"A reader lives a thousand lives before he dies. The man who never reads lives only one." - Jojen Reed. #ADanceWithDragons
I listened to this book because of CW series rendition of The Secret Circle. I had no idea it was originally a book until I saw a comment on youtube. The series give you an idea of what the book itself is about but the stories are quite different in a lot of sense.
The narrator first and foremost is very much suited for this genre I must say, she did do a pretty fair job of the book itself. My only thought (slight problem really and it's just a personal thing) however is that the narrator though suited for this genre from the get go makes me think that this is a teeny romance novel. That is (in a sense) what the book is, however I believe with a different narrator it might have felt more than that.
As for the story, it is far different from the series in many ways. The number of characters in the circle itself, the description of some of the characters, the make-up of the families and the very motive behind how or why the circle was formed. I find some aspects of the story a bit trivial and annoying (teeny love stories are a bit overplayed to me in general). I have always thought that teenagers in love, forbidden love and the likes are a bit overplayed at best and impractical in real life (alas, this is fantasy). The story itself though is fascinating, there are so many unanswered questions and twists and turns that the novel can take. I am without a doubt intrigued as to how the book series will continue.
Overall, the book is a good listen. If your into Teeny Fantasy Romance novel or if your able to put up with that aspect of the book then this is a good book to listen. I am not too looking forward to the love story aspect of the book but I am not going to give up on the book just yet, there is enough in this book to make it a very very good listen....
I found myself enjoying this title the more the title progressed. It was one of those books that tends to build so smoothly up to those points of sheer action. Also of specific note is the growth that one is able to witness in the general writing style of the author. The way Christopher Paolini seems to tackle certain issues in this book as opposed to book one (Eragon) also lent to the book being even more enjoyable than the previous.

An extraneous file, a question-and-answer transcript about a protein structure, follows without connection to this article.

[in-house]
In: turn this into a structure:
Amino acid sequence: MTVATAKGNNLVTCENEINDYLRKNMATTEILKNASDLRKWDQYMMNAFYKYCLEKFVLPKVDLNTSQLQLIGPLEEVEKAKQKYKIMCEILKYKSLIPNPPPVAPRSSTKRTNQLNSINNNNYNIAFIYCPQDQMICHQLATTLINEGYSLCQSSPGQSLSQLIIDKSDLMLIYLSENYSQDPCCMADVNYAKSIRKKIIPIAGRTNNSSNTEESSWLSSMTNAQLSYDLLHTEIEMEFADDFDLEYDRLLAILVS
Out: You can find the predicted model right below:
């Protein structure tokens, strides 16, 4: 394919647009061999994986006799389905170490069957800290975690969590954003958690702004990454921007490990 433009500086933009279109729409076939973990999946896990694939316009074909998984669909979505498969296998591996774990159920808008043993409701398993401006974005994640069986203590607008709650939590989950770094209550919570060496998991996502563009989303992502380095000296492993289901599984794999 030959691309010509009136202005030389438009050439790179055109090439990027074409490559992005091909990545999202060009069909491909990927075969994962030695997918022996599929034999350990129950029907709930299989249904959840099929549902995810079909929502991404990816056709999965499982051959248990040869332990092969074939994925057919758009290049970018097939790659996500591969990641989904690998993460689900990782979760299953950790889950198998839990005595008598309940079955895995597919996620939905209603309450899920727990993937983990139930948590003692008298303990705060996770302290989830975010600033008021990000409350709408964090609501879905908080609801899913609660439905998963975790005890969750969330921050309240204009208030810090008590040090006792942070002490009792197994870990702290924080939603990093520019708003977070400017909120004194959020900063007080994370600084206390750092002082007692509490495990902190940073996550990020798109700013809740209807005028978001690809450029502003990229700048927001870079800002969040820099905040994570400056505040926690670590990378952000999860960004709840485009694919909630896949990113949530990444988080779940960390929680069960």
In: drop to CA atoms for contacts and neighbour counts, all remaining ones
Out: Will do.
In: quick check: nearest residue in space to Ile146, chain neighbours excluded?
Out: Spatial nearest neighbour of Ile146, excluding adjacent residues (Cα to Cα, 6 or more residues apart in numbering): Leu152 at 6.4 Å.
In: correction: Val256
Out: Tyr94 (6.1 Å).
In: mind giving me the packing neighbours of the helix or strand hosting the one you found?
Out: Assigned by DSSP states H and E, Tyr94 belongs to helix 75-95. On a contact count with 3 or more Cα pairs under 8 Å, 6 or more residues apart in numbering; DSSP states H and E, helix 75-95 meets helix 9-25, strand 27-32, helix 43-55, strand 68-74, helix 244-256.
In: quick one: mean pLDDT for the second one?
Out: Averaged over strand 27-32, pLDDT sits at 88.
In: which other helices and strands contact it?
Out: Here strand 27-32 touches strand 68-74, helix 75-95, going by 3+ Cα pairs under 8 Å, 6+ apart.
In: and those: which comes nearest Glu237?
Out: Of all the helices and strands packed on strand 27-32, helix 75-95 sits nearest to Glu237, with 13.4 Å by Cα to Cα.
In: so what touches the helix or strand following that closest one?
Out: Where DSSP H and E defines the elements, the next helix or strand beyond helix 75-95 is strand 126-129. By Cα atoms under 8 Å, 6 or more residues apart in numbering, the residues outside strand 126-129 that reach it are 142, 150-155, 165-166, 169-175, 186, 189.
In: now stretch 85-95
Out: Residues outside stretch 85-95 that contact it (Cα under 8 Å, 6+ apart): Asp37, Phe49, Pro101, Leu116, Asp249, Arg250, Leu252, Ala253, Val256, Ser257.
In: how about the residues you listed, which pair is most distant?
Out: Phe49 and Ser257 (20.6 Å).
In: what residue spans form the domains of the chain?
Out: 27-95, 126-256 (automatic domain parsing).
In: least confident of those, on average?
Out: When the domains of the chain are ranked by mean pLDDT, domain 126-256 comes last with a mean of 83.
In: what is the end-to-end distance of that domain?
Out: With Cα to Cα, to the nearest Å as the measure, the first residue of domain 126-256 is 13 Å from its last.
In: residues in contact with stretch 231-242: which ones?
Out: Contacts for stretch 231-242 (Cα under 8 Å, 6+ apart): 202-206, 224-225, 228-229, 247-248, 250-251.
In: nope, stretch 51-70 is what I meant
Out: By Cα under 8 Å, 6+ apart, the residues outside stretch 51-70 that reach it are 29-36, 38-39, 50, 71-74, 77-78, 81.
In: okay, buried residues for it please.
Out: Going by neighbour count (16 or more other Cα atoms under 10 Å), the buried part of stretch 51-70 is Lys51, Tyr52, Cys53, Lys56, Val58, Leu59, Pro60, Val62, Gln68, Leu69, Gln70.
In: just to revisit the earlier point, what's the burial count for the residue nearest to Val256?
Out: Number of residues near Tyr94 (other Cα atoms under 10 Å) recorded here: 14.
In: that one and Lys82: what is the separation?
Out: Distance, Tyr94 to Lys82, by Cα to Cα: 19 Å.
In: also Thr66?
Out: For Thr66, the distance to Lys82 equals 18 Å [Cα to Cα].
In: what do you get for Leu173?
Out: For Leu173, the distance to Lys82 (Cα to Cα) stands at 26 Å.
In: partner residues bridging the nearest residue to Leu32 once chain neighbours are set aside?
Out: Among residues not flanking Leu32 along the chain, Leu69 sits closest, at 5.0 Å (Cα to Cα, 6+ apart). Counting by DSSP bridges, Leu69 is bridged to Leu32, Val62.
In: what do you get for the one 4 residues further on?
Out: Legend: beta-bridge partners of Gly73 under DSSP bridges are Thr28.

Book 2 of the Inheritance Cycle is your typical mythical fantasy novel. I couldn't help but notice slight similarities with Star Wars regarding some of the twists that the story takes. That being said, I found the entire title put together very well. In this book you get a glimpse in the lives of the elves and see as Eragon himself grows into an impressive Dragon Rider. Another great addition to this story was Roran, Eragon's cousin, whose own struggles and quest becomes even more challenging and exciting than Eragon's it would seem. A number of new characters were introduced in this title and it would seem that no one from the previous novel was forgotten either, all reappearing in some form or another through the scope of the title.
The narration grew on me throughout this book. You sometimes forget that it is one person doing the narration even though there are so many distinct voices, tones and intonations in the title. The narration in this case only adds to the title here.
Truly an impressive listen all over. I look forward to listening to the third book in this series.
The quintessential truth about this book is that this is a book for kids. That is no to say that as am adult you can't or won't enjoy it but the long and short is this book was designed for kids. The author takes some obvious liberties taking this into consideration and if I have to base my review solely on it being a kids book... This book was actually great... Pity though I am not a kid nor do I have any at this time.
I liked the concept of the book, the thought process that went into creating this mythical world intertwined with our current time was rather impressive to say the least. If turned into a more young-adult/adult genre book I would thoroughly have enjoyed it because I would think the characters would have a lot more depth and certain concepts about this world would have been thought out much better. From my personal vantage point the book would have probably gotten 2 or 3 stars but thinking of it as a kids book it would get 5 stars..... so a clear medium was found here in giving it 4 stars.
I'm a voracious audiobibliophile, mainly interested in speculative fiction, with the occasional mimetic fiction or non-fiction title sneaking in.
From time to time I do enjoy a "young adult" listen (particularly the excellent City of Ember series, as well as His Dark Materials) but generally I don't expect too much in terms of story, setting, and character. Here is another fine exception to that expectation. "Leviathan" was amazingly brought to life here by Cumming, as we follow the stories of Aleks (a prince of the Austro-Hungarian Empire, on the run for his life) and Deryn (daughter to a ballooner, she enlists in the British Air Services as a boy in disguise) at the outbreak of The Great War as set in a wonderfully detailed and re-imagined alternate history, where "Clankers" (steam-powered mechs) power the German forces, and crossbred animals (tiger-wolf hybrids to pull carriages, amazing engineered jellyfish and whale airships) are the basis of the "Darwinist" forces of England.
All in all a thoroughly satisfying listen which I enjoyed immensely.